Both the Cardigan and Pembroke Welsh corgi are among the healthiest and longest-lived dogs in the Herding Group. The Cardigan tends to be a little hardier and has fewer documented hereditary health problems; among them are canine hip dysplasia, canine degenerative myelopathy and progressive retinal atrophy. Pembroke Welsh corgis are susceptible to intervertebral disc disease, canine hip dysplasia, progressive retinal atrophy, and epilepsy. Cardigan Welsh corgis have a typical life expectancy between 12 and 14 years, and Pembroke Welsh corgis typically live between 12 and 15 years.[6][7]

Activities

Corgis often compete in dog agility trials, obedience, showmanship, flyball, tracking, and herding events. Herding instincts and trainability can be measured at noncompetitive herding tests. Cardigan and Pembroke corgis exhibiting basic herding instincts can be trained to compete in herding trials.[8]

Cultural impact

Outside Wales, corgis have been made popular by Queen Elizabeth II who has at least four in her retinue at all times. Her first corgi was called Susan. She currently keeps five corgis and four Dorgis (corgi/dachshund cross). Some portraits of Queen Elizabeth II include a corgi.[5][9]

Corgis as characters were incorporated into the storybook fantasies Corgiville Fair, The Great Corgiville Kidnapping, and Corgiville Christmas of American author and illustrator Tasha Tudor. In 1961, the Walt Disney film, Little Dog Lost, brought the Pembroke Corgi widespread publicity. In the anime Cowboy Bebop, the main characters have a super-intelligent Pembroke Welsh corgi, Ein, on their ship.[10]

A series of American mystery novels by author Rita Mae Brown, ostensibly written with the assistance of her cat Sneaky Pie, features a pet corgi named Tee Tucker. The dog collaborates with a fellow pet cat named Pewter and other animals in their Virginia community to assist postmistress "Harry" Hairisteen without her knowledge in solving murders.

The Top Shelf graphic novel Korgi plays on the folklore tradition of the corgi as a faerie draft animal. It features the "Mollies" (fairy-like beings) who live in close relationship with the land and their Korgi friends, who are based on and resemble the Pembroke Welsh corgi.[11]

References

  1. ^ "2004 Purebred Dog Health Survey". The Kennel Club. http://www.thekennelclub.org.uk/item/570. Retrieved 16 August 2010. 
  2. ^ a b c d e "Animal Planet Dog Breed Directory: Pembroke Corgi". http://animal.discovery.com/breedselector/dogprofile.do?id=1170. Retrieved 2009. 
  3. ^ a b c d e f Cunliffe, Juliette (2004). The Encyclopedia of Dog Breeds. Parragon Publishing. p. 237. 
  4. ^ a b c d e f g h "Welsh Corgis: Small Dogs With Big Dog Hearts". http://www.canismajor.com/dog/corgi.html. Retrieved 2009. 
  5. ^ a b c Hausman, Gerald (1998). The Mythology of Dogs. Macmillan. pp. 275–277.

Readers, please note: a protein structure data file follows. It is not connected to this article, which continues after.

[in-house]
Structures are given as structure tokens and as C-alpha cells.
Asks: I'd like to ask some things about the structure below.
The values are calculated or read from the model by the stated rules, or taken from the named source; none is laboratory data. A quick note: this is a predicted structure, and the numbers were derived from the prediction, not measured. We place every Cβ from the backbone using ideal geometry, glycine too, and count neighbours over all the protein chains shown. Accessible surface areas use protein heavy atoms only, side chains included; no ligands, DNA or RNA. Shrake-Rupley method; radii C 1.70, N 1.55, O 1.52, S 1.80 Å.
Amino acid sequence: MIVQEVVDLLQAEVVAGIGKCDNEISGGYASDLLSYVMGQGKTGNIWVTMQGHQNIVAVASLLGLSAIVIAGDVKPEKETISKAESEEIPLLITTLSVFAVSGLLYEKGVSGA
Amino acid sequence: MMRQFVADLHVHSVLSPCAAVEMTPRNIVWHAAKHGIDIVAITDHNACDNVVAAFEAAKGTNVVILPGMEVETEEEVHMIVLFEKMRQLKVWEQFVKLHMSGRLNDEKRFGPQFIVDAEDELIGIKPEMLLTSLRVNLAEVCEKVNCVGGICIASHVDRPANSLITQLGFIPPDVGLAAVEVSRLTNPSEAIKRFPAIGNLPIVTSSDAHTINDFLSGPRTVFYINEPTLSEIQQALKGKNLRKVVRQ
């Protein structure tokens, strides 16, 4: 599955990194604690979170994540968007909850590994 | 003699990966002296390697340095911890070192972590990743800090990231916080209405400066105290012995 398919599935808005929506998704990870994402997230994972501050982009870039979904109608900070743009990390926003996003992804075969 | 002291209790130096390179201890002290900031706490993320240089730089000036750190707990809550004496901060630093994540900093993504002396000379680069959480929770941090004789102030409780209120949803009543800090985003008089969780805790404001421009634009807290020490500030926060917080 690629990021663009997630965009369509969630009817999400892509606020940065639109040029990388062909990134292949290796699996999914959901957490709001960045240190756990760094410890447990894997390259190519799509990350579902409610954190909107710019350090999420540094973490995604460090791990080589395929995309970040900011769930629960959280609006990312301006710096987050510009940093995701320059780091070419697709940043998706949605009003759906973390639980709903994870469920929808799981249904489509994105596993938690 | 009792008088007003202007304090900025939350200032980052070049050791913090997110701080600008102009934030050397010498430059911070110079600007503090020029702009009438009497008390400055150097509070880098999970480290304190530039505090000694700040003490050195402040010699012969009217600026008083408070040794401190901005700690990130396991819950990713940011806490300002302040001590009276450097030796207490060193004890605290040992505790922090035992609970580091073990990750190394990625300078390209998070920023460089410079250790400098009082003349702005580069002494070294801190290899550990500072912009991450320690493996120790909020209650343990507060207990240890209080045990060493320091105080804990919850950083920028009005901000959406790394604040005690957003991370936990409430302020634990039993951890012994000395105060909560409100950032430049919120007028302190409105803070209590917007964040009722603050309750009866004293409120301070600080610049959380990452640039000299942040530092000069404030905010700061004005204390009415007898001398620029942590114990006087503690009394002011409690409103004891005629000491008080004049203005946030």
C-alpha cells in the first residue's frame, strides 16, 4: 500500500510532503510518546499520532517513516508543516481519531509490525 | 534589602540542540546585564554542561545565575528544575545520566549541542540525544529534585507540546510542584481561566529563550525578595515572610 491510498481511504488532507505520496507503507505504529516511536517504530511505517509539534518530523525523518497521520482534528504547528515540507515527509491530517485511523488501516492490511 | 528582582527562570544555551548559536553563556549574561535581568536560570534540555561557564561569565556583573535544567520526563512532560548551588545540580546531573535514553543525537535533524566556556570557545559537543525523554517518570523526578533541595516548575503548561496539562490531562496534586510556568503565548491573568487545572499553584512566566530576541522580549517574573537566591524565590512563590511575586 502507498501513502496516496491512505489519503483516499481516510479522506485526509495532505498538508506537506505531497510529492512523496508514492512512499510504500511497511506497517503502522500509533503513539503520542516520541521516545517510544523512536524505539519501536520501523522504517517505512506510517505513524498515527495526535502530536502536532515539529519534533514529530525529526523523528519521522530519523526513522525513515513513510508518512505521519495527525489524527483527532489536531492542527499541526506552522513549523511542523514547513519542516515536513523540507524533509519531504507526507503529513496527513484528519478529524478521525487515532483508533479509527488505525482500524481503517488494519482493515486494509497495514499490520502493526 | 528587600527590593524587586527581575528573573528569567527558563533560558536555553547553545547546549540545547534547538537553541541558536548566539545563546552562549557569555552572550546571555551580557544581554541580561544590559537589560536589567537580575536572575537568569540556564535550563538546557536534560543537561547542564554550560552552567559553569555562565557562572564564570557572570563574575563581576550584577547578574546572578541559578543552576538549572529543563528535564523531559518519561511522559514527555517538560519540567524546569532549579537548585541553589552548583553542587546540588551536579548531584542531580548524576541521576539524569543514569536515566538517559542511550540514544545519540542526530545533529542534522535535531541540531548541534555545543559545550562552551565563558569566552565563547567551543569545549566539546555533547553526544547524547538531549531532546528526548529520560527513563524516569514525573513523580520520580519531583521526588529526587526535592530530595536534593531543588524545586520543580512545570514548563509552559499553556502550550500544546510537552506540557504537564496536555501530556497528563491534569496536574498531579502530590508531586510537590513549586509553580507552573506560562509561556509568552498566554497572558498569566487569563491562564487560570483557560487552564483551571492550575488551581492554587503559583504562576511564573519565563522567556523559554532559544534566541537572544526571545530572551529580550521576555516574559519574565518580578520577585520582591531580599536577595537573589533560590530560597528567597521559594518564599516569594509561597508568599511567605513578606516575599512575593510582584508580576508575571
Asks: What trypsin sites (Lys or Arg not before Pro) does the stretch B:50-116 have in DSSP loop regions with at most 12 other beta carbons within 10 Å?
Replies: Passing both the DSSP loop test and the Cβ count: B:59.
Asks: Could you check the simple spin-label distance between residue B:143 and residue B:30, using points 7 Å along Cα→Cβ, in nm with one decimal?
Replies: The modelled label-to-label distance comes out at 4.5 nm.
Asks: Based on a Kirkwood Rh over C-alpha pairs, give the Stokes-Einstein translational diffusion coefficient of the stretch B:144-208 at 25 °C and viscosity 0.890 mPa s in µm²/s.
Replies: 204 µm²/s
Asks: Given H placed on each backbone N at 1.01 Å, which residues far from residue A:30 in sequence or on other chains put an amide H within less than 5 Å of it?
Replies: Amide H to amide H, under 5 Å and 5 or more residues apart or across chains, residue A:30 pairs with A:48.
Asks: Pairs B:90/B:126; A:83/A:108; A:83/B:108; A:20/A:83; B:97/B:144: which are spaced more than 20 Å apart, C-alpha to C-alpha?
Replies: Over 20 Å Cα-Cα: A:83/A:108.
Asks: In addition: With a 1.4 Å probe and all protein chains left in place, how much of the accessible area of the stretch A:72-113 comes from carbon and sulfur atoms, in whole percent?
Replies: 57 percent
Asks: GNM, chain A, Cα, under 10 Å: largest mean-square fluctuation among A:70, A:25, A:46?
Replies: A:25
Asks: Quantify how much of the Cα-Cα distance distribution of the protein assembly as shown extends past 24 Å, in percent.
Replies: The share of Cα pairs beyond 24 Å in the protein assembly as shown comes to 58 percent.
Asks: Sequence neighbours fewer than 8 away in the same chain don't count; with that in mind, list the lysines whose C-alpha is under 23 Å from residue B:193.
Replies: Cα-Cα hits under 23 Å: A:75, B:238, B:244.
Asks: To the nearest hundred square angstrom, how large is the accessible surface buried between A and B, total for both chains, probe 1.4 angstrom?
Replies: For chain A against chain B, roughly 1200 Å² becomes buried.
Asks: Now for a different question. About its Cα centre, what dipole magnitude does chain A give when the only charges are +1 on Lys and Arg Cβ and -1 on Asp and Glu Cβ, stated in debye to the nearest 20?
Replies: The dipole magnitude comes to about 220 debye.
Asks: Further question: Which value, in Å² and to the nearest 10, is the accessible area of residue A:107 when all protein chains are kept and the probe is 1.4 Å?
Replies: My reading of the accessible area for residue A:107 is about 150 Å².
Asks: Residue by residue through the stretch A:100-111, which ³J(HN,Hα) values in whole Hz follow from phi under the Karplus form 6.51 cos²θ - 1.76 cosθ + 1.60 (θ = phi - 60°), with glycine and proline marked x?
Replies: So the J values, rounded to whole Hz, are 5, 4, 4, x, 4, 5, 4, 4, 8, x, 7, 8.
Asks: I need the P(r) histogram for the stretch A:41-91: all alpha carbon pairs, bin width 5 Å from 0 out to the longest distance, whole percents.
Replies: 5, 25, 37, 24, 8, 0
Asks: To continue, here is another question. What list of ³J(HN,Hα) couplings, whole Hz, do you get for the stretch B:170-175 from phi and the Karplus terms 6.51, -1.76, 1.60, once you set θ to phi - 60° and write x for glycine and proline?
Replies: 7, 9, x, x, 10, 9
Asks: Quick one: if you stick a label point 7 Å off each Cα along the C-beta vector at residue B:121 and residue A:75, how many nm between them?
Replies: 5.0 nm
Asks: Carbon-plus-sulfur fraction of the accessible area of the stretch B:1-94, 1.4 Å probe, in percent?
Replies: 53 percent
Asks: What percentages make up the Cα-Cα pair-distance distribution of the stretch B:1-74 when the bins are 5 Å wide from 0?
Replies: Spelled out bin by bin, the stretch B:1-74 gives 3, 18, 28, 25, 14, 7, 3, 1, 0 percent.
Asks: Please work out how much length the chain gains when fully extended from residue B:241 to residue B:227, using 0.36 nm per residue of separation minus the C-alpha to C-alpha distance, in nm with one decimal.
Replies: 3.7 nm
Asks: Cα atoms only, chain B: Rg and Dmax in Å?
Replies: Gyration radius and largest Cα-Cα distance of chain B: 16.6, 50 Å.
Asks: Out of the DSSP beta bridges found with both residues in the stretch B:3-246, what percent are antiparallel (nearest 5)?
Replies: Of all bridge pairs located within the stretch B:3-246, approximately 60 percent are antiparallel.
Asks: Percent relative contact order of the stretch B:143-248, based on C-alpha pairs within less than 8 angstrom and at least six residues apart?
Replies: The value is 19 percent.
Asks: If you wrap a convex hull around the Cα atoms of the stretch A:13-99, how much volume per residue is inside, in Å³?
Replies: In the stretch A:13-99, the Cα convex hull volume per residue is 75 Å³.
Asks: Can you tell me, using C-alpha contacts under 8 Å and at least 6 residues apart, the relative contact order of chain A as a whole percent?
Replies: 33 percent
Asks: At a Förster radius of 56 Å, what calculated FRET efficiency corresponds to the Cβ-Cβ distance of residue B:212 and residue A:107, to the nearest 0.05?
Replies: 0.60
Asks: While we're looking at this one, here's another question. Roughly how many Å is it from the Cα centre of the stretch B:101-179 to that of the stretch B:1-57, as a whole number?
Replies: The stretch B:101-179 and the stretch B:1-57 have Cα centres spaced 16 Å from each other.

6. ^ http://www.pembrokecorgi.org/owning_breed.html
  7. ^ Coile, Caroline (2005). Encyclopedia of Dog Breeds. Barron's Educational Series. pp. 328–31. 
  8. ^ Hartnagle-Taylor and Taylor, Jeanne Joy, and Ty. Stockdog Savvy. Alpine Publications. ISBN #978-157779-106-5. 
  9. ^ "British Monarchy: Pets and Animals". http://www.royal.gov.uk/output/page1964.asp. Retrieved 2008. 
  10. ^ "Cowboy Bebop Official Website (English)". http://www.cowboybebop.org/english/. Retrieved 29 December 2010. 
  11. ^ "Man's Best Friend: Slade talks Korgi". http://www.comicbookresources.com/?page=article&id=9358. Retrieved 2009. 

External links


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Look at other dictionaries:

  • Welsh Corgi — Pembroke Espèce …   Wikipédia en Français

  • Welsh corgi — [kôr′gē] n. [ WELSH + Welsh corgi < corr, dwarf + ci, dog] any member of either of two breeds of short legged dog with a foxlike head and erect ears, originally bred in Wales for herding cattle: the Cardigan Welsh corgi has a long tail; the… …   English World dictionary

  • Welsh Corgi — Welsh Cor|gi 〈[wɛ̣lʃ kɔ:gı] m.; od. s, s; Zool.〉 Angehöriger einer aus Wales stammenden Rasse von Zwergschäferhunden [<engl. welsh „walisisch“ + cor „Zwerg“ + ci „Hund“] * * * Welsh Corgi   [ welʃ kɔːgɪ], schon vor dem Jahre 1000 den Bauern… …   Universal-Lexikon

  • Welsh Corgi — steht für: die Hunderasse Welsh Corgi Cardigan die Hunderasse Welsh Corgi Pembroke den gemeinsamen Namen beider oben genannter Hunderassen in der Zeit von 1925 bis 1934 Diese Seite ist eine Begriffsklärung zur …   Deutsch Wikipedia

  • Welsh corgi — one of either of two Welsh breeds of dogs having short legs, erect ears, and a foxlike head. Cf. Cardigan (def. 2), Pembroke (def. 3). [1925 30] * * * Either of two breeds of cattle dogs. The Cardigan Welsh corgi was developed from relatives of… …   Universalium

  • welsh corgi — Cualquiera de dos razas de perros pastores de ganado. El welsh corgi cardigan se desarrolló a partir de parientes del dachshund, que los celtas trajeron a Gales 1200 BC. El welsh corgi pembroke desciende de la raza de perros de trineo… …   Enciclopedia Universal

  • Welsh corgi — noun either of two Welsh breeds of long bodied short legged dogs with erect ears and a fox like head • Syn: ↑corgi • Hypernyms: ↑dog, ↑domestic dog, ↑Canis familiaris • Hyponyms: ↑Pembroke, ↑ …   Useful english dictionary

  • Welsh corgi — noun Date: 1926 a short legged long backed dog with foxy head of either of two breeds of Welsh origin: a. Cardigan Welsh corgi b. Pembroke Welsh corgi …   New Collegiate Dictionary

  • Welsh Corgi — Welsh Cor|gi 〈[wɛlʃ kɔ:gı] m.; Gen.: od. s, Pl.: s; Zool.〉 Angehöriger einer aus Wales stammenden Rasse von Zwergschäferhunden [Etym.: <engl. welsh »walisisch« + walisisch cor »Zwerg« + ci »Hund«] …   Lexikalische Deutsches Wörterbuch

  • Welsh corgi — Welsh′ cor′gi n. dch either of two Welsh breeds of dogs having short legs, erect ears, and a foxlike head, one breed (Cardigan 2)) having slightly rounded ears and a long tail and the other(Pembroke) having pointed ears and a short or docked tail …   From formal English to slang